Stress makes pigs more likely to suffer from a disease which costs farmers in the UK millions of pounds a year in attempts to control, scientists have shown for the first time.
The findings from a study at the Royal Veterinary College (RVC) could influence the conditions that pig herds are kept in to reduce the likelihood of disease outbreaks.
Researchers from the Royal Veterinary College (RVC) were investigating the causes of a complex group of pig diseases, formerly described as post-weaning multi-systemic wasting syndrome, now known as PCV-associated diseases (PCVAD), which can lead to diarrhoea, wasting, respiratory distress and death.
All of these have infection with porcine circovirus (PCV) 2 as common underlying factor and this disease complex costs UK farmers tens of millions of pounds a year.
So far, it was assumed that the development of PCVAD needs PCV2 and a secondary infection for symptoms to occur.
However for the first time the researchers showed that environmental stress from higher temperatures, crowding, or both, can induce symptoms attributed to PCVAD without any secondary infection. PCV2 infected pigs kept in temperatures above the comfort temperatures, or kept in pens smaller than current minimum guidelines were more likely to show reduced weight gain and had higher viral loads than those kept in cooler temperatures or larger pens. These risk factors can occur in herds in the UK.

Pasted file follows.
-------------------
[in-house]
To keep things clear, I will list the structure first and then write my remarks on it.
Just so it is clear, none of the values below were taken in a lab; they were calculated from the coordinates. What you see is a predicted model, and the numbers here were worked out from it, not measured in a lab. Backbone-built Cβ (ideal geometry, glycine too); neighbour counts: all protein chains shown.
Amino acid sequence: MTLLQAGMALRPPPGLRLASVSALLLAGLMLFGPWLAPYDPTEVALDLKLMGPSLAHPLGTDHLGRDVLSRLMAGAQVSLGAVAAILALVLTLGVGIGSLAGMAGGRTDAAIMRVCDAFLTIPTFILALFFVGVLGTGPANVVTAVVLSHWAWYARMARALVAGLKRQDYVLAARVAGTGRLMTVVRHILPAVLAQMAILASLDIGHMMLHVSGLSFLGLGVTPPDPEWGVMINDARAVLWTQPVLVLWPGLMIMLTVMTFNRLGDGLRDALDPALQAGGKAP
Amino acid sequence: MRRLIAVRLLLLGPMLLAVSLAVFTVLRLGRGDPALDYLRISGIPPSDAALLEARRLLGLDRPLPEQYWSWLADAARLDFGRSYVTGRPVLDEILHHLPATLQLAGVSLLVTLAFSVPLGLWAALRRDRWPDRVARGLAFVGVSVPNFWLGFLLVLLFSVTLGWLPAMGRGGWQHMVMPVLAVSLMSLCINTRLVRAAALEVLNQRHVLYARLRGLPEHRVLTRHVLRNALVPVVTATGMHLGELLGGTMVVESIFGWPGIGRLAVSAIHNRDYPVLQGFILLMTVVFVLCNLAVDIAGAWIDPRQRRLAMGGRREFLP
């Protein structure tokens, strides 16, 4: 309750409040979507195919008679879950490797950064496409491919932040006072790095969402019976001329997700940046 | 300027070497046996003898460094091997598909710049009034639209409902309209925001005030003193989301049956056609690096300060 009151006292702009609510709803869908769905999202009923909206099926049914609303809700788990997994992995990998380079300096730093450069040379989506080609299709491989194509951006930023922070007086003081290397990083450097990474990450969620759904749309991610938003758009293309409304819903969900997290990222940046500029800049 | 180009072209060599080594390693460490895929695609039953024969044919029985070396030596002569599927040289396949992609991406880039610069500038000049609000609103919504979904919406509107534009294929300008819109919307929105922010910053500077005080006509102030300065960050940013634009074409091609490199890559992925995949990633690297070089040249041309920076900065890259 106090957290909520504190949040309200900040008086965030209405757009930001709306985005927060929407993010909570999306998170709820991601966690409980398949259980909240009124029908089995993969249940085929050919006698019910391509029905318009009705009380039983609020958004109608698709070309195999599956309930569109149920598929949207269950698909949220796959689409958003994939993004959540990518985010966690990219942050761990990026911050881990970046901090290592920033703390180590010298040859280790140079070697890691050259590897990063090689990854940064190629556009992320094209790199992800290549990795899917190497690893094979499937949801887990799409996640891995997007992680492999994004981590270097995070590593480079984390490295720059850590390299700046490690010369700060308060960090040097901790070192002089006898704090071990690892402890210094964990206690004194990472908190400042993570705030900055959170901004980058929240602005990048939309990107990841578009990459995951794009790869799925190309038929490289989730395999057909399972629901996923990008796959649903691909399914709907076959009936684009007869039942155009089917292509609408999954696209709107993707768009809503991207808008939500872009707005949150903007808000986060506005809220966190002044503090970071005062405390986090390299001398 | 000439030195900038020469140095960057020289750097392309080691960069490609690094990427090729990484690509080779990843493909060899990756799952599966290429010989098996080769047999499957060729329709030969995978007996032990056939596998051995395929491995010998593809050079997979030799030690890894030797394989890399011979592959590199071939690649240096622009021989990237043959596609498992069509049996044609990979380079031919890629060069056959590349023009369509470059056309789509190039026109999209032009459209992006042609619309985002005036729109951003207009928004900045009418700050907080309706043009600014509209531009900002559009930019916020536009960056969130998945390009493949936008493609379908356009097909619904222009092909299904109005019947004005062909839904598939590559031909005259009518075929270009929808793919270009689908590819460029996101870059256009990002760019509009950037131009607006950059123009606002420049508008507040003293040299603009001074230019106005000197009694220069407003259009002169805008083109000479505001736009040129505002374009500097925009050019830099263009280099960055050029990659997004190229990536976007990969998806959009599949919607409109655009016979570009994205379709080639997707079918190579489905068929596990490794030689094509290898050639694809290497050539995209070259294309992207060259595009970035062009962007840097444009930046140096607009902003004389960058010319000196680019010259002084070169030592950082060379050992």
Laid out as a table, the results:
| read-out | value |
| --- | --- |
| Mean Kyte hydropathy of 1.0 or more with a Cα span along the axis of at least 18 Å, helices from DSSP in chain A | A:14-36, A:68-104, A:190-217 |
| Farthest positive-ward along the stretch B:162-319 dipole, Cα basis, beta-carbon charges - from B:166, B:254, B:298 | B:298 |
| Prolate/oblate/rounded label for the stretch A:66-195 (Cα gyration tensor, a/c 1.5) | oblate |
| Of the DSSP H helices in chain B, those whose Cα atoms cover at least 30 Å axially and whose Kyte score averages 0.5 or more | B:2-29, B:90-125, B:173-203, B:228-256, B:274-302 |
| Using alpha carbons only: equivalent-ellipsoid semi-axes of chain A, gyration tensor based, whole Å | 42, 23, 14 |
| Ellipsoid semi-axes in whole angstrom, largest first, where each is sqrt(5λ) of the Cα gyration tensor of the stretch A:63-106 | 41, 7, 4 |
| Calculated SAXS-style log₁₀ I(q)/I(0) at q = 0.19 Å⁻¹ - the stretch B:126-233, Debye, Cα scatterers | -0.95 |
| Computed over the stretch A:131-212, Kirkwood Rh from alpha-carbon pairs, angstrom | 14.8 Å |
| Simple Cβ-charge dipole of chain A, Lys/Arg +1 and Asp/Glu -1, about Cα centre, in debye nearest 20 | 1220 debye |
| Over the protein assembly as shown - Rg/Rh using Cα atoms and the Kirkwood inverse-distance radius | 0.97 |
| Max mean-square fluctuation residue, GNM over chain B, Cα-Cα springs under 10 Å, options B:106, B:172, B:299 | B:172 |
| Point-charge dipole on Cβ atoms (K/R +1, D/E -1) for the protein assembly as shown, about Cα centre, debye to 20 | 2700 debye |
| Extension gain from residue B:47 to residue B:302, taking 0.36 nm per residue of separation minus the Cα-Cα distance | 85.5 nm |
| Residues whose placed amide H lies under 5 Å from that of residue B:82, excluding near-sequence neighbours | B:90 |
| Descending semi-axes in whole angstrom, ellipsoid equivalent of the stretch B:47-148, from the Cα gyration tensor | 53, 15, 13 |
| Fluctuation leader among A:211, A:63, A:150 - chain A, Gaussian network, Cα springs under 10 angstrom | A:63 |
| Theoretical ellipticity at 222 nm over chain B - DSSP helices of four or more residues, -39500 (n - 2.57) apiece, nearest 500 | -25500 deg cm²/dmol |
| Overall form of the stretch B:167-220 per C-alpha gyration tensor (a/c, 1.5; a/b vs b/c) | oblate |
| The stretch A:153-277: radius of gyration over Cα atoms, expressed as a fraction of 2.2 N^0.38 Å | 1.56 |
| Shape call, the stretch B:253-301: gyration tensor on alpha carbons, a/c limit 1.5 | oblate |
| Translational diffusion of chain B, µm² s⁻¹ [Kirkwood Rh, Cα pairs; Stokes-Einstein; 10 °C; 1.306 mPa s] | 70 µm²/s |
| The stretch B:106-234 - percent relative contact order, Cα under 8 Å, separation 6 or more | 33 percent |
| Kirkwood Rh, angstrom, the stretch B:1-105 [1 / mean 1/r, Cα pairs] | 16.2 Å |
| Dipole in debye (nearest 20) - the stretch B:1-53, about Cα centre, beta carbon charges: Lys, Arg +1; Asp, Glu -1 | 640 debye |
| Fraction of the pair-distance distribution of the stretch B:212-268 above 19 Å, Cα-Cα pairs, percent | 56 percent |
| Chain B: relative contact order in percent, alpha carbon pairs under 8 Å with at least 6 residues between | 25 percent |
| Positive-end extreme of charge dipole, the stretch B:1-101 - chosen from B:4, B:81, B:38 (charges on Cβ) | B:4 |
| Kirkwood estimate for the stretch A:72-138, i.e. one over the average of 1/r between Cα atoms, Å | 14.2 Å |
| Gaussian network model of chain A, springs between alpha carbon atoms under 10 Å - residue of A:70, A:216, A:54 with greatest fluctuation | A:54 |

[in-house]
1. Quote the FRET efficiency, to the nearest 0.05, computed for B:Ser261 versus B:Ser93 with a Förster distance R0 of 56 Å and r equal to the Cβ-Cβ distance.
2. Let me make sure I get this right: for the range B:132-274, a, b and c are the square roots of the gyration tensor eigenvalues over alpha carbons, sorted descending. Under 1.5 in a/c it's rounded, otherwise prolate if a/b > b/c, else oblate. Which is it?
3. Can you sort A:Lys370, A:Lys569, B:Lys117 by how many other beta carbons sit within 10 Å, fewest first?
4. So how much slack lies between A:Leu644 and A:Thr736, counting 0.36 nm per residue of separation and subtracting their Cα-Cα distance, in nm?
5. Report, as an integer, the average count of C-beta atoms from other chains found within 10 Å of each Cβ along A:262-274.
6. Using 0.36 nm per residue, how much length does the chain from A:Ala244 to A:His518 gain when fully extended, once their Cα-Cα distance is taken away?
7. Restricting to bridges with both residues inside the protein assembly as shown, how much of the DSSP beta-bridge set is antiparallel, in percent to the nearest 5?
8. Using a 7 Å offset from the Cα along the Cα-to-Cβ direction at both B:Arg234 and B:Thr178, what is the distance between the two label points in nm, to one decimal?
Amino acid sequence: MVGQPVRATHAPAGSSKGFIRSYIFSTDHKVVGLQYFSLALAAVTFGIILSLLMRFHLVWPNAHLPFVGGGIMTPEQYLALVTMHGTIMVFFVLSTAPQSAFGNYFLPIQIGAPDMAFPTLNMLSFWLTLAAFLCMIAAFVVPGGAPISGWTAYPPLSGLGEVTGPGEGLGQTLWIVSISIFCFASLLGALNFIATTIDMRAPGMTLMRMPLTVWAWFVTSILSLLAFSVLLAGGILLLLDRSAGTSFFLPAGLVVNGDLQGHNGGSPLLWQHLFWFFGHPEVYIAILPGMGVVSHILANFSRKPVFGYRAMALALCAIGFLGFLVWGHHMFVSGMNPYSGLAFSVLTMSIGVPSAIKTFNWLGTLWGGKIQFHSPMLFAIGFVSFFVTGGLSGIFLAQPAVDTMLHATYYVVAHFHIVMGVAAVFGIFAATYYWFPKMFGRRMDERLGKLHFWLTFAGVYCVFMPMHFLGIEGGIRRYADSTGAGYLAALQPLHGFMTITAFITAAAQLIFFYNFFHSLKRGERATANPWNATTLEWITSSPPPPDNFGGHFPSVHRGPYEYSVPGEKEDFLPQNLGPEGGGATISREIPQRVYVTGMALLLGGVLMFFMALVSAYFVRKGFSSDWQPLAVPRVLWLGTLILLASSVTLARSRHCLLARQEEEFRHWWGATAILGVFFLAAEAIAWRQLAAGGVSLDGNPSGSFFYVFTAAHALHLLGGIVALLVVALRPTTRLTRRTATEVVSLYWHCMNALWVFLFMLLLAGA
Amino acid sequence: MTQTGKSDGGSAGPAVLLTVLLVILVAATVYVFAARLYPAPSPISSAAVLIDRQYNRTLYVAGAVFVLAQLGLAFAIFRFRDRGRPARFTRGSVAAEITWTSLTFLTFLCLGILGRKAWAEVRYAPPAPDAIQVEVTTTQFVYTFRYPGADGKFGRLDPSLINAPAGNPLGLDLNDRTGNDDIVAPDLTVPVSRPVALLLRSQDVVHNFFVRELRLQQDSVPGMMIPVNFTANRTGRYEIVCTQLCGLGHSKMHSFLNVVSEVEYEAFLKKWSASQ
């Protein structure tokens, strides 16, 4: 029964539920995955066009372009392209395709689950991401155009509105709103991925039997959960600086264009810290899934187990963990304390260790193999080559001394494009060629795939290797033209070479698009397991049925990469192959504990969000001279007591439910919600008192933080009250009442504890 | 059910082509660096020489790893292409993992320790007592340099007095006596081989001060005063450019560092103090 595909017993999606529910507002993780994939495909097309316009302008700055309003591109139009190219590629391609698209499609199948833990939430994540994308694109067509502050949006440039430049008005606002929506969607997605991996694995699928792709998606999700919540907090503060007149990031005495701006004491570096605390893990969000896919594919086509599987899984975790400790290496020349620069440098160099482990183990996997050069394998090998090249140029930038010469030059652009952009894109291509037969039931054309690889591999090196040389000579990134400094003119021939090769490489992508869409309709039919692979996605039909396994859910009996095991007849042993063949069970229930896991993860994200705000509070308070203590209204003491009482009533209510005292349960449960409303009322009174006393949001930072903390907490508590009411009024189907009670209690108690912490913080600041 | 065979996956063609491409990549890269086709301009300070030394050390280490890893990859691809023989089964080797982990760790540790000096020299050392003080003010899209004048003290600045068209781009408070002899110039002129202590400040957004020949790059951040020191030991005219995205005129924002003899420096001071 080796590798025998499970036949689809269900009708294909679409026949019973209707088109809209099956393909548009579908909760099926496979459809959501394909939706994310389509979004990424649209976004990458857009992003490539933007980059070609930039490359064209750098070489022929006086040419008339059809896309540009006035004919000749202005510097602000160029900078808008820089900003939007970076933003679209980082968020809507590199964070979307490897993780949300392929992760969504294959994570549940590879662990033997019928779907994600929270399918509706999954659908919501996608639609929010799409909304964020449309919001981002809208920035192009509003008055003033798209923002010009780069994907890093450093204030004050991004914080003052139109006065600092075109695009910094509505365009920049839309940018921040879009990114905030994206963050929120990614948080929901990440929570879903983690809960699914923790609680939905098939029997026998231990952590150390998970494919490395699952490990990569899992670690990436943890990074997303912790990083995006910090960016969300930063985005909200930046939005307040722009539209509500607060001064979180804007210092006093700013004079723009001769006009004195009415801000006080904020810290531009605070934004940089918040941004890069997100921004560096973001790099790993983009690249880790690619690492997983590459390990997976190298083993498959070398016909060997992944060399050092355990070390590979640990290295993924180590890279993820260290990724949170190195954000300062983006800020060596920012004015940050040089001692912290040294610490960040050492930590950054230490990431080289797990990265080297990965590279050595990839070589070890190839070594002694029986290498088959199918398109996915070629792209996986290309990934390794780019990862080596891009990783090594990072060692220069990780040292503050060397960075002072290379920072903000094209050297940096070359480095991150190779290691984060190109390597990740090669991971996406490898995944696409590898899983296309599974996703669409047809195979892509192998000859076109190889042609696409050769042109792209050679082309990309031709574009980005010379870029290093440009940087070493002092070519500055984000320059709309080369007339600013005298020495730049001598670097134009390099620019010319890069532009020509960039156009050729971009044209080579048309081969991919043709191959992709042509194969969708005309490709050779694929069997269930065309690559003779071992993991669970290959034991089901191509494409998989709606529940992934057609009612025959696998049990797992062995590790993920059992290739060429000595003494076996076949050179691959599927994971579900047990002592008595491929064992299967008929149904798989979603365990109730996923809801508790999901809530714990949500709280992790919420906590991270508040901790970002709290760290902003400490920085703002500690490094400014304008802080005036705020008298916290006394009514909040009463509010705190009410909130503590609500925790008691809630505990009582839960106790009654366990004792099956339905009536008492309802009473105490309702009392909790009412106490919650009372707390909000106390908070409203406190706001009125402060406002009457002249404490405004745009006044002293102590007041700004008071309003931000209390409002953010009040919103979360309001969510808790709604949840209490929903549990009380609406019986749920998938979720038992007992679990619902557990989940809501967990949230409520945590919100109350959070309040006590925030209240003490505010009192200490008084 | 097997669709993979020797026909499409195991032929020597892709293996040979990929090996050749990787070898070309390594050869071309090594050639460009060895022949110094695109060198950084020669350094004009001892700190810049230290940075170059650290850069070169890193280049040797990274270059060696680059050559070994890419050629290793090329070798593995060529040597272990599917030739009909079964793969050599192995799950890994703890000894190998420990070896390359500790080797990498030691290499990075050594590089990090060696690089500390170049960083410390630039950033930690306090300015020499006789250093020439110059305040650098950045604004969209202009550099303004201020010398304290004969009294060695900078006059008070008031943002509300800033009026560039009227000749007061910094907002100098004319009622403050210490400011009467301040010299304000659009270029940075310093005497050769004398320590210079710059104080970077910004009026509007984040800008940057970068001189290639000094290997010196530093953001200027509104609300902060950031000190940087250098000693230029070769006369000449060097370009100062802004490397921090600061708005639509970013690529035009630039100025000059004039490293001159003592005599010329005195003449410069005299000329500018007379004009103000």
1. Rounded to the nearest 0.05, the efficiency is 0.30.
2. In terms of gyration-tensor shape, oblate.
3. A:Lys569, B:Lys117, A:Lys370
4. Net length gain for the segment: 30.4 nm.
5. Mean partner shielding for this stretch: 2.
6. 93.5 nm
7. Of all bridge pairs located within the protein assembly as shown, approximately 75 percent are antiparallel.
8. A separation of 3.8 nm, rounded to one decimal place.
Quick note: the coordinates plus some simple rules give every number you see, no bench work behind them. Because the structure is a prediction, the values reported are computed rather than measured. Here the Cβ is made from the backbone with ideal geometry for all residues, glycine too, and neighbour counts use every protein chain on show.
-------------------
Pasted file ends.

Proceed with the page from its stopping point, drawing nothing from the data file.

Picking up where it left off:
Professor Dirk Werling, from RVC, who led the project, said:
"Within the initial part of this project, we identified specific risk factors on farms that had an impact on disease severity. Now, we were able to confirm that these risk factors really contribute to severity of clinical signs under experimental conditions. These findings clearly show that sub-optimal management will have further impact on economic losses. We are confident that our findings have a really big impact for the pig industry, given the fact that PCV2 is so common.
"These findings clearly indicate that in addition to vaccination against PCV2, changes in the current farming systems can only be achieved in the long term through a more sustainable agricultural approach, which would involve a less stressful rearing of animals for food consumption. As customers' increasingly prioritise good conditions for livestock, pressure on farmers to produce as cheap and fast as possible might reduce."
The study, published in Veterinary Microbiology was funded by the Biotechnology and Biological Sciences Research Council (BBSRC) 'Combating Endemic Diseases of Farmed Animals for Sustainability (CEDFAS) initiative, with contributions from BPEX, Biobest Laboratories and Zoetis Animal Health.